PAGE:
Parliament, for its part, continues to devote great energy to providing for the requirements of the war and it bestows the utmost attention in particular upon increasing the number of its troops. It causes a report to be circulated that it will have 22,000 infantry and 4000 horse, and that within the space of two weeks the earl of Essex will march to where the king is, with the bulk of them, to secure the evil councillors whom his Majesty keeps about him. This is a well worn pretext, behind which they disclose these movements of their forces (titolo vecchio et sotto cui si scuoprino questi movimenti d' armi).
In the villages contiguous to this city they have provided quarters for soldiery. These with their constant licentiousness and robberies, play havoc at the same time with the public peace and with private security, amid a universal feeling of resentment. With respect to the condition of his Majesty's forces the letters from York confirm that they consist of 6000 cavalry, all of the most flourishing nobility, and 20,000 men on foot. They will have leaders of experience and courage ; but here many believe that the numbers of the infantry will be greatly inferior, as they are persuaded that with the major portion of the common people obstinate adherents of Puritanism they will tend to back parliament's claims rather than those of his Majesty (ma qui molti credono che il numero dell' infanteria sara minore assai persuadendosi che la maggiore portione della minuta gente professando ostinatamente il Puritanismo sia per contribuire alla grandezza del parlamento piu tosto che a quella di Sua Maesta) ; and so it is necessary to wait for experience to supply more certain knowledge of particulars of such importance.
At the end of three days the earl of Northampton reduced the town of Bamberi to submission to the king, and he has since proceeded to the siege of Waruich, which is in the same province and belongs to Baron Bruch, one of the most seditious of the parliamentarians. But there he has met with a stout resistance from that commander and so far all his efforts to capture it have proved fruitless. Upon the receipt of this report they sent from here men, guns and twenty cart loads of munitions to the relief of that little place, and it is presumed that on the arrival of this reinforcement Nortampton will be obliged to withdraw, leaving that town as well as the people of the place firm in their adhesion to this side.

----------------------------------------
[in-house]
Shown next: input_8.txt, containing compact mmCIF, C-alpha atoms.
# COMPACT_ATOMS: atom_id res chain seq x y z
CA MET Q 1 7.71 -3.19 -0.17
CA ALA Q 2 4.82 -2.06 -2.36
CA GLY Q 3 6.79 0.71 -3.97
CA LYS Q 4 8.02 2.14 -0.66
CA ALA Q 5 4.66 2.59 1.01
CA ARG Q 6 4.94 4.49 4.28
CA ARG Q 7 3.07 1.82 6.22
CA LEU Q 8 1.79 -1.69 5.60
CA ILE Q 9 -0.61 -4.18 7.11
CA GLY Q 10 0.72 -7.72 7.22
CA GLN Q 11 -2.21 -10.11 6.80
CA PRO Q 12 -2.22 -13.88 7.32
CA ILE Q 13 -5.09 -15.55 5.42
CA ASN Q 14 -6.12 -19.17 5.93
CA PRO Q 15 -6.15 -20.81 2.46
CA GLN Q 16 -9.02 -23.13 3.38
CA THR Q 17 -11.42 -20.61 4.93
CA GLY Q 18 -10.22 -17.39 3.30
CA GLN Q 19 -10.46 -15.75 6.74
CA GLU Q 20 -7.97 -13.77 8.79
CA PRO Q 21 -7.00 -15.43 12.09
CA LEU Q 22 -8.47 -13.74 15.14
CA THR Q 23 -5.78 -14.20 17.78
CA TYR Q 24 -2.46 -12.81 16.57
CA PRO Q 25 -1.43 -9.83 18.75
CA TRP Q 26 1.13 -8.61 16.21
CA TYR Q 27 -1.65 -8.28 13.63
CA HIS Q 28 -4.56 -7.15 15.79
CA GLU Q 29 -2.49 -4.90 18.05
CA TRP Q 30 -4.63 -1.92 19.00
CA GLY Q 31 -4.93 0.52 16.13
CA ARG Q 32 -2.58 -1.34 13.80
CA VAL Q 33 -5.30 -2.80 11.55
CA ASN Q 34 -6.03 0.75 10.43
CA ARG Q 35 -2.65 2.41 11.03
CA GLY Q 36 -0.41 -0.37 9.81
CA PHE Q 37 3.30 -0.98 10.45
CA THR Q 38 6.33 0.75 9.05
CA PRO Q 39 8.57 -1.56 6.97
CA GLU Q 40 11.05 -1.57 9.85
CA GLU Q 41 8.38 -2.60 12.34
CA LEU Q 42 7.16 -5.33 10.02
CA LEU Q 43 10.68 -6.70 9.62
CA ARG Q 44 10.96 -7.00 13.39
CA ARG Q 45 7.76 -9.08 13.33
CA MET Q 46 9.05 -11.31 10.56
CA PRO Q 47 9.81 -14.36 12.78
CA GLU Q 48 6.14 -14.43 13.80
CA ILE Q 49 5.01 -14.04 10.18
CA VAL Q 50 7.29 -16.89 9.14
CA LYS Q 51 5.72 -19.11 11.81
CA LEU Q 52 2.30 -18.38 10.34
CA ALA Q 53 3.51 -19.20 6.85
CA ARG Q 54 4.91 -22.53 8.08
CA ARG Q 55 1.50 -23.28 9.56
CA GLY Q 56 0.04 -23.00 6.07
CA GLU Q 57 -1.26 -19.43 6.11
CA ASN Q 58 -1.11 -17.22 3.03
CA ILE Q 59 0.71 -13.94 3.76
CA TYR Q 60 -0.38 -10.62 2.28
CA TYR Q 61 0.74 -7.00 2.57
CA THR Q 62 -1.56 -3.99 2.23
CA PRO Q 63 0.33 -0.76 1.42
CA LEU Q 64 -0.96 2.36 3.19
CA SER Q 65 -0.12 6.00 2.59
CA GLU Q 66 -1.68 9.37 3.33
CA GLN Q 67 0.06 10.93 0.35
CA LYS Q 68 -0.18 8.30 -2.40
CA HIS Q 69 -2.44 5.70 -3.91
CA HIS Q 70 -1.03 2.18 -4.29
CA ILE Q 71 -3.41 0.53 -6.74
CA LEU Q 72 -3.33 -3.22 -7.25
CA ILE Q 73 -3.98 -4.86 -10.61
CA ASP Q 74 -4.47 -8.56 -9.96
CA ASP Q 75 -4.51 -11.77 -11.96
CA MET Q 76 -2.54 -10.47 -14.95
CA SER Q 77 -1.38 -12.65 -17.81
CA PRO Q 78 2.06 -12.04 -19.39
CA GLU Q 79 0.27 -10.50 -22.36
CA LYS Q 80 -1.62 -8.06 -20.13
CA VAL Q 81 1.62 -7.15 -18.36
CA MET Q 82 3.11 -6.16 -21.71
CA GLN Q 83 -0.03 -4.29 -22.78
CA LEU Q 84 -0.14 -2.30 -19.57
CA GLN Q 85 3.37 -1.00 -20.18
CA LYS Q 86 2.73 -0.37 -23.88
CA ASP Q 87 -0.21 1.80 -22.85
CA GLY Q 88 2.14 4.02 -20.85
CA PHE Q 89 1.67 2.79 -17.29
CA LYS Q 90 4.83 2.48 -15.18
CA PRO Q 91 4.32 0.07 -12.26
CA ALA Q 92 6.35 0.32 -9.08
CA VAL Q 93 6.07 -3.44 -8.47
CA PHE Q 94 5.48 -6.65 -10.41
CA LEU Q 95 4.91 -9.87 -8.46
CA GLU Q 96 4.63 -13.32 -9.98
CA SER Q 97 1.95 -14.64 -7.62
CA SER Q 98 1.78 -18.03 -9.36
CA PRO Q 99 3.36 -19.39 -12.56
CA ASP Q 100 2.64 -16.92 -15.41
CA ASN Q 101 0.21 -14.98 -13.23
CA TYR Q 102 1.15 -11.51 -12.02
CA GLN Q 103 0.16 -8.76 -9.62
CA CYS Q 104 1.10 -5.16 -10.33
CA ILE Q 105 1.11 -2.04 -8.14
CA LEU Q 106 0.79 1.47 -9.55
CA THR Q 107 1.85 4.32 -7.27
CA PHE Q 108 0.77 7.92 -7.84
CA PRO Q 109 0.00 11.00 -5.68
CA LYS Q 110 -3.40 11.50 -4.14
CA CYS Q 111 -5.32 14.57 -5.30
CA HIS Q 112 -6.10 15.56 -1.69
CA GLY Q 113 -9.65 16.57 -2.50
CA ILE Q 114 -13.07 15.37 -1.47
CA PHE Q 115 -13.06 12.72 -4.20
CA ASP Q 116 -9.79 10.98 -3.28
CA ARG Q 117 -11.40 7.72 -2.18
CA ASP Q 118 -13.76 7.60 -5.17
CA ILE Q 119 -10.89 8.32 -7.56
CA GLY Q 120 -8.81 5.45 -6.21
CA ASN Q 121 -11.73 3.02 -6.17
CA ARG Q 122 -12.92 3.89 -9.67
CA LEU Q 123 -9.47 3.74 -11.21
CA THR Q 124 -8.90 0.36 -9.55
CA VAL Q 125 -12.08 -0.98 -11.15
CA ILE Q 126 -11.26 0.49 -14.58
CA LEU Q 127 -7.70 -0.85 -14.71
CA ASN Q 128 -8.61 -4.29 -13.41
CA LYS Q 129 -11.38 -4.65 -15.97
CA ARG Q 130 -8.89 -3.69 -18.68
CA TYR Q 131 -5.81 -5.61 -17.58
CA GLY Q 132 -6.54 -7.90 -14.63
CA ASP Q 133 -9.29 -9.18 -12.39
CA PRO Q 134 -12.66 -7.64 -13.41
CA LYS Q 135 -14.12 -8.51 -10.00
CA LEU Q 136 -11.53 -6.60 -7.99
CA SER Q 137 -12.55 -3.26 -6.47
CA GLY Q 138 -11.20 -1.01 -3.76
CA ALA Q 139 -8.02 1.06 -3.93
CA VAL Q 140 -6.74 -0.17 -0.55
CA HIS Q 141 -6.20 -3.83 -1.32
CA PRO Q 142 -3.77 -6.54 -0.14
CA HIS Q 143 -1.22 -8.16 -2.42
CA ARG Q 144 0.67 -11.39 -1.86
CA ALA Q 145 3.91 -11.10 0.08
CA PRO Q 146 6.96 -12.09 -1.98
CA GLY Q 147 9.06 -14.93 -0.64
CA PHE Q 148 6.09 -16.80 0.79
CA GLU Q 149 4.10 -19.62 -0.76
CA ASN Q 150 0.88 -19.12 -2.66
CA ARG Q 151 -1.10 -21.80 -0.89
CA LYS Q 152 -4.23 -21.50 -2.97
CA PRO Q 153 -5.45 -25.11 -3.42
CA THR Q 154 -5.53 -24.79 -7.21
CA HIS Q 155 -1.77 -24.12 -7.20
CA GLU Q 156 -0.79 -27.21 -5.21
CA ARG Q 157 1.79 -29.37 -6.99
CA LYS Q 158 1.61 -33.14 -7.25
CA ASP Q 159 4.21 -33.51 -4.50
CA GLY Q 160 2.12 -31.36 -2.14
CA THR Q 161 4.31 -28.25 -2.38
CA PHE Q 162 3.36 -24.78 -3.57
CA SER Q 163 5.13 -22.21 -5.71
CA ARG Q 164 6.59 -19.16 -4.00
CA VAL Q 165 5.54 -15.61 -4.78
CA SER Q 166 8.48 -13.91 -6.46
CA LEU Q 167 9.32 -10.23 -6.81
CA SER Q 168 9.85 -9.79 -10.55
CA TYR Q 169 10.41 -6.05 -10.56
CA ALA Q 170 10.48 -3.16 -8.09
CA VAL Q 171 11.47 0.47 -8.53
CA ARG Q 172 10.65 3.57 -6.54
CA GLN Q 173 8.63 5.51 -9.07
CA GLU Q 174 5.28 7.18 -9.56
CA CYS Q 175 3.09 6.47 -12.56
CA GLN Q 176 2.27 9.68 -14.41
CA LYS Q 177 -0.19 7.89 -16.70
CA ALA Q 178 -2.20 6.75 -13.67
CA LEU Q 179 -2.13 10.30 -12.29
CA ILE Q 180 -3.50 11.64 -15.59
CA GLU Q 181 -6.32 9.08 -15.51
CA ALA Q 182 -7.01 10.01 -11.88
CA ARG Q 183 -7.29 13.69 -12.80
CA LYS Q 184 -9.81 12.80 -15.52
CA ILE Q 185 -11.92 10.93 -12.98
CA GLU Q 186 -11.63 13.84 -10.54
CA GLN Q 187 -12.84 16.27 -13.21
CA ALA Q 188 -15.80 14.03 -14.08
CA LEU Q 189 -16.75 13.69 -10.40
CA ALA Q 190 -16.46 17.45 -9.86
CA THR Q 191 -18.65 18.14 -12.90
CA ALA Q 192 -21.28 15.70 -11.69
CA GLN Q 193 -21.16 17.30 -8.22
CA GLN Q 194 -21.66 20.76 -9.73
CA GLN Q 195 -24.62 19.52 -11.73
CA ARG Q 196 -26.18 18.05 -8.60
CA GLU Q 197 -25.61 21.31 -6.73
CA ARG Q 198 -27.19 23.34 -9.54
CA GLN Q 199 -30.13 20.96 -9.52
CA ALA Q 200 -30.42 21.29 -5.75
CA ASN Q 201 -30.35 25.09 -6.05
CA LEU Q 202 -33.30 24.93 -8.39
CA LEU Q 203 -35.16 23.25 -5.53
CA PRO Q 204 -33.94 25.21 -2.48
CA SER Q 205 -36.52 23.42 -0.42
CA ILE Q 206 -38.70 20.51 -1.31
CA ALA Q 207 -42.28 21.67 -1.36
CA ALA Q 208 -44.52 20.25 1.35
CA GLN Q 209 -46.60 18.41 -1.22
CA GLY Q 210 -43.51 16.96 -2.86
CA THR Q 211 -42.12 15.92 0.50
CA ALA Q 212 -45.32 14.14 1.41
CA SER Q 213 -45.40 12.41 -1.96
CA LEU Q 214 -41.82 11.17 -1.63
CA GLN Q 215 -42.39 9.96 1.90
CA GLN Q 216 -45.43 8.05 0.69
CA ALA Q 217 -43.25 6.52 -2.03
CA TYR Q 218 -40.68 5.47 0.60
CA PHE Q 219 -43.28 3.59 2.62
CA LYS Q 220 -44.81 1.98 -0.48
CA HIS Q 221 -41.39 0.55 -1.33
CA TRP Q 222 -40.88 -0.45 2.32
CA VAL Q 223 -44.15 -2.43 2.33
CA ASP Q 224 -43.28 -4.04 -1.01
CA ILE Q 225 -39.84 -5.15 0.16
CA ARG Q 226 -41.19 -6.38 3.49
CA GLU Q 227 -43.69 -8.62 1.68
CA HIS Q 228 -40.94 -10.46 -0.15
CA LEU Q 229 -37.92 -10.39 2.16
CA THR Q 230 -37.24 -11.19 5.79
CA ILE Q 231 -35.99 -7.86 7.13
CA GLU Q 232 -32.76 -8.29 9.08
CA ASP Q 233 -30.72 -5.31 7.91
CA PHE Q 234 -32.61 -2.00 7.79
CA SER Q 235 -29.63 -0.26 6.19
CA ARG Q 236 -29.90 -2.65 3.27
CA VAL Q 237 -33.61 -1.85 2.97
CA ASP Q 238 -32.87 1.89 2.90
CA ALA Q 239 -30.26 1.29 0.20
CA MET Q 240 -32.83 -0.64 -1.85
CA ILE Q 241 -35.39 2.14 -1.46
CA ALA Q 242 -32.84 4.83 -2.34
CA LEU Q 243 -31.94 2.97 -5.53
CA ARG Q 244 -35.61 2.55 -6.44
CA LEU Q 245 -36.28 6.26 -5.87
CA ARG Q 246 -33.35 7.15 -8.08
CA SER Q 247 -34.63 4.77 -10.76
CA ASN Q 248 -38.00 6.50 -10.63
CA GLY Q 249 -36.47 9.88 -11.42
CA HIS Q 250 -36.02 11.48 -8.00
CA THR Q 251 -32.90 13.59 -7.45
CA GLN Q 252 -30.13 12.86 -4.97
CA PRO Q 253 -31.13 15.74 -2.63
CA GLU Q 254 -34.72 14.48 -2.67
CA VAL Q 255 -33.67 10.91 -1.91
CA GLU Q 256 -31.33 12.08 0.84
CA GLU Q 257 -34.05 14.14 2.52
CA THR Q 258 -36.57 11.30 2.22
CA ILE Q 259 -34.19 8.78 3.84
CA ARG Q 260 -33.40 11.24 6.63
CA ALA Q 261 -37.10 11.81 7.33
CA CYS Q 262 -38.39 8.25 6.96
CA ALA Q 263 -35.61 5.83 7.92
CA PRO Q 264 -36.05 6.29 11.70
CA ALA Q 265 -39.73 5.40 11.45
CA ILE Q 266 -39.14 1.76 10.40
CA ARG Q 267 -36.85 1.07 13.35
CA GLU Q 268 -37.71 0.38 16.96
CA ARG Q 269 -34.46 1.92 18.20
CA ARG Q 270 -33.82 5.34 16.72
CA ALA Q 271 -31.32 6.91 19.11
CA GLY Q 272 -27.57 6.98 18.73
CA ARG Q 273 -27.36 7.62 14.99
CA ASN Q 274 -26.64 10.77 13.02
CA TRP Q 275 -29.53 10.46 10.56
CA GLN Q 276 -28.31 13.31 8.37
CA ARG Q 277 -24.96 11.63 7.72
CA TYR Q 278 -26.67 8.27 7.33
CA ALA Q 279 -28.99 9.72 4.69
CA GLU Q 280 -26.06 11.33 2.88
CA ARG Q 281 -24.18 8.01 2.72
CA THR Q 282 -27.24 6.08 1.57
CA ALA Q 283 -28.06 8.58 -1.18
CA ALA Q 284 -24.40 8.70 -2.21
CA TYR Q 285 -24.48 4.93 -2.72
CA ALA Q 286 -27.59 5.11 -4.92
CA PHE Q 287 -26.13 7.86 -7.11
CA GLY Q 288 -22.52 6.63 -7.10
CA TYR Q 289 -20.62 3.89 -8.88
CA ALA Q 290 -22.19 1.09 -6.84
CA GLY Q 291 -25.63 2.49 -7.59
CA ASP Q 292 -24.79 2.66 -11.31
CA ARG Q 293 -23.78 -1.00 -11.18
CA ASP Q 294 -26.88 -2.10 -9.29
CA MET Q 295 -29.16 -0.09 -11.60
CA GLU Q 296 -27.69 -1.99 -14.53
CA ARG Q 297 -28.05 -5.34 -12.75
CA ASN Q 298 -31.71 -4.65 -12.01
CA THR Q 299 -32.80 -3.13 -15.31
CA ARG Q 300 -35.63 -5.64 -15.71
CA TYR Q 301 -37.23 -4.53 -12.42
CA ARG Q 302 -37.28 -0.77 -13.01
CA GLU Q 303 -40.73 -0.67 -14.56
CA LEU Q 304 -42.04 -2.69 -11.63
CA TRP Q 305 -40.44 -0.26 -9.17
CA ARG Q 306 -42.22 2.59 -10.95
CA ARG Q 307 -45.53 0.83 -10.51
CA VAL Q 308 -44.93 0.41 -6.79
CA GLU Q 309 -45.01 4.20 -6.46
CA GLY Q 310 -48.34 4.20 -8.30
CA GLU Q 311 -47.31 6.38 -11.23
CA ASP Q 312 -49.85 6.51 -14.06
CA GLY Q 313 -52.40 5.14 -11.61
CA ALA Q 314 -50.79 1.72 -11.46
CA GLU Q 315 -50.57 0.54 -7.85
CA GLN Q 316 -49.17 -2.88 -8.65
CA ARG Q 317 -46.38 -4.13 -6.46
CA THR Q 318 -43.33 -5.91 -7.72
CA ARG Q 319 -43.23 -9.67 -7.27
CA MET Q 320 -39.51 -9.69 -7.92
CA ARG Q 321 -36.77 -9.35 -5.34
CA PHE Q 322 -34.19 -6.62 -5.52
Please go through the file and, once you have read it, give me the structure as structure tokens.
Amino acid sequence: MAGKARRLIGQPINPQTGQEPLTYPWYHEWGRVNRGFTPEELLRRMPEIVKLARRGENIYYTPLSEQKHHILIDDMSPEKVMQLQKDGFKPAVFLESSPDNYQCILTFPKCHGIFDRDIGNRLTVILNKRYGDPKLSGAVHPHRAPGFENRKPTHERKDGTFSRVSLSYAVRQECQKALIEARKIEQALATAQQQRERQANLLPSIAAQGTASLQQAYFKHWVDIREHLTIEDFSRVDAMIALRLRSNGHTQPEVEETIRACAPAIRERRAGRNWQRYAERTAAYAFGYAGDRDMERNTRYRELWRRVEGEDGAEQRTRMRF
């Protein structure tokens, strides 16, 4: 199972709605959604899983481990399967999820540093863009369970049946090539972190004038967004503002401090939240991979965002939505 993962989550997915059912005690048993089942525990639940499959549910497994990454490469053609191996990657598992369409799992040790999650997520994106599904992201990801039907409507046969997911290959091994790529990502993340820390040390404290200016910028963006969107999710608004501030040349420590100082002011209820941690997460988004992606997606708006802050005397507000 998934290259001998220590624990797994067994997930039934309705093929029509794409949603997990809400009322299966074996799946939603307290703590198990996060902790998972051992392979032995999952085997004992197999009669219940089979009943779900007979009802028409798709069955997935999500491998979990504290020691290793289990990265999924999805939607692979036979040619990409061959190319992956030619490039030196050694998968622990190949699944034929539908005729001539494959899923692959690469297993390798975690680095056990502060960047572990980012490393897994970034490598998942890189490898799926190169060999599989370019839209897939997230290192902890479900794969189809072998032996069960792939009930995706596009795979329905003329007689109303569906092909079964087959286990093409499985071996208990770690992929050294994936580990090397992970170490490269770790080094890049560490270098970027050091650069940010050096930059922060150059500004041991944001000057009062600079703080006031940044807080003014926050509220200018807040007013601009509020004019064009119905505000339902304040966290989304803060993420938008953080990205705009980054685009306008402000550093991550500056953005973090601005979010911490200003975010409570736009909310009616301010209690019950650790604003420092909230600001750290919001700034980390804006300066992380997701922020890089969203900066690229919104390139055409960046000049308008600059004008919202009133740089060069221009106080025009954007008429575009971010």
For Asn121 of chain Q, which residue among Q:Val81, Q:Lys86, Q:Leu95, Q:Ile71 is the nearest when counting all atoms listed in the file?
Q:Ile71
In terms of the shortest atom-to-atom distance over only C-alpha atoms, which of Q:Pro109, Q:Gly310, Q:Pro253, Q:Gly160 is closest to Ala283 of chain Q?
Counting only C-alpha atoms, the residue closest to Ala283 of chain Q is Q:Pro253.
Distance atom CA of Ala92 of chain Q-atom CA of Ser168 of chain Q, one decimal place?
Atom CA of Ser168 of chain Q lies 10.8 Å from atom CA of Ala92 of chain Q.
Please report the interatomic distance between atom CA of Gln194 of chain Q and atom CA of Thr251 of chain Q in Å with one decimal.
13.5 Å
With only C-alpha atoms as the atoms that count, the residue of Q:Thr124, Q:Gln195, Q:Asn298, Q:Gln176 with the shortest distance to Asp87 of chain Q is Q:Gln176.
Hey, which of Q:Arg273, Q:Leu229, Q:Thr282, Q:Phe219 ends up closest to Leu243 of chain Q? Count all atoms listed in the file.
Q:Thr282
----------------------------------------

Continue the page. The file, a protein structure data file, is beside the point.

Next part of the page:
Two companies of horse were sent two days ago to search the country house of the earl of Dorset, who is with the king. There they arrested and imprisoned the custodian, taking away all the arms and other private stores which were found there, under the pretext that they were destined for his Majesty's service, (fn. 2) and at present there is no place where anything is safe from the violence and rapine of the soldiery. Thus in the county of Buckingham the partisans of parliament took prisoner and brought here yesterday to the Tower the earl of Barchsier, father of Viscount Dandovert, ambassador elect to your Serenity, merely upon the suspicion that with secret designs he was forwarding the interests of his Majesty (che egli con secreta intentione favorisce gli interessi di Sua Maesta).
General the earl of Betford is drawing near to Porsmoud with 500 horse and they circulate a report that he has occupied all the approaches to that fortress without meeting with any opposition, and that he has since captured the bridge and a redoubt which defended it. (fn. 3) He is now engaged in preventing the entry of provisions by land, while the ships of the fleet keep the sea approaches closed, and they hold out hopes that in a few days the commander there will be compelled by necessity to deliver the fortress into the hands of parliament. The parliamentarians make the most of this prosperous news for the purpose of encouraging the people about here, but better authenticated information is awaited, as men of good judgment cannot persuade themselves that a well trained and trusted commander like Colonel Gorin would, at the expense of his reputation, allow the enemy to push forward to such an extent with such scanty forces unless perchance he has changed his mind and is once more estranged from his Majesty, as this people is wont to do frequently, among whom the most dependable quality is the absence of faith (non potendosi persuadere gl' uomini sensati che il Colonel Gorin, capo ben disciplinato et di credito, habbia a spese della propria riputatione lasciato avanzare tant' oltre l' inimico con si poche forze quando per avventura mutato parere non si sia di nuovo alienato da Sua Maesta, come ben spesso far suole questa natione, fra cui la piu sicura fede e il mancar di fede).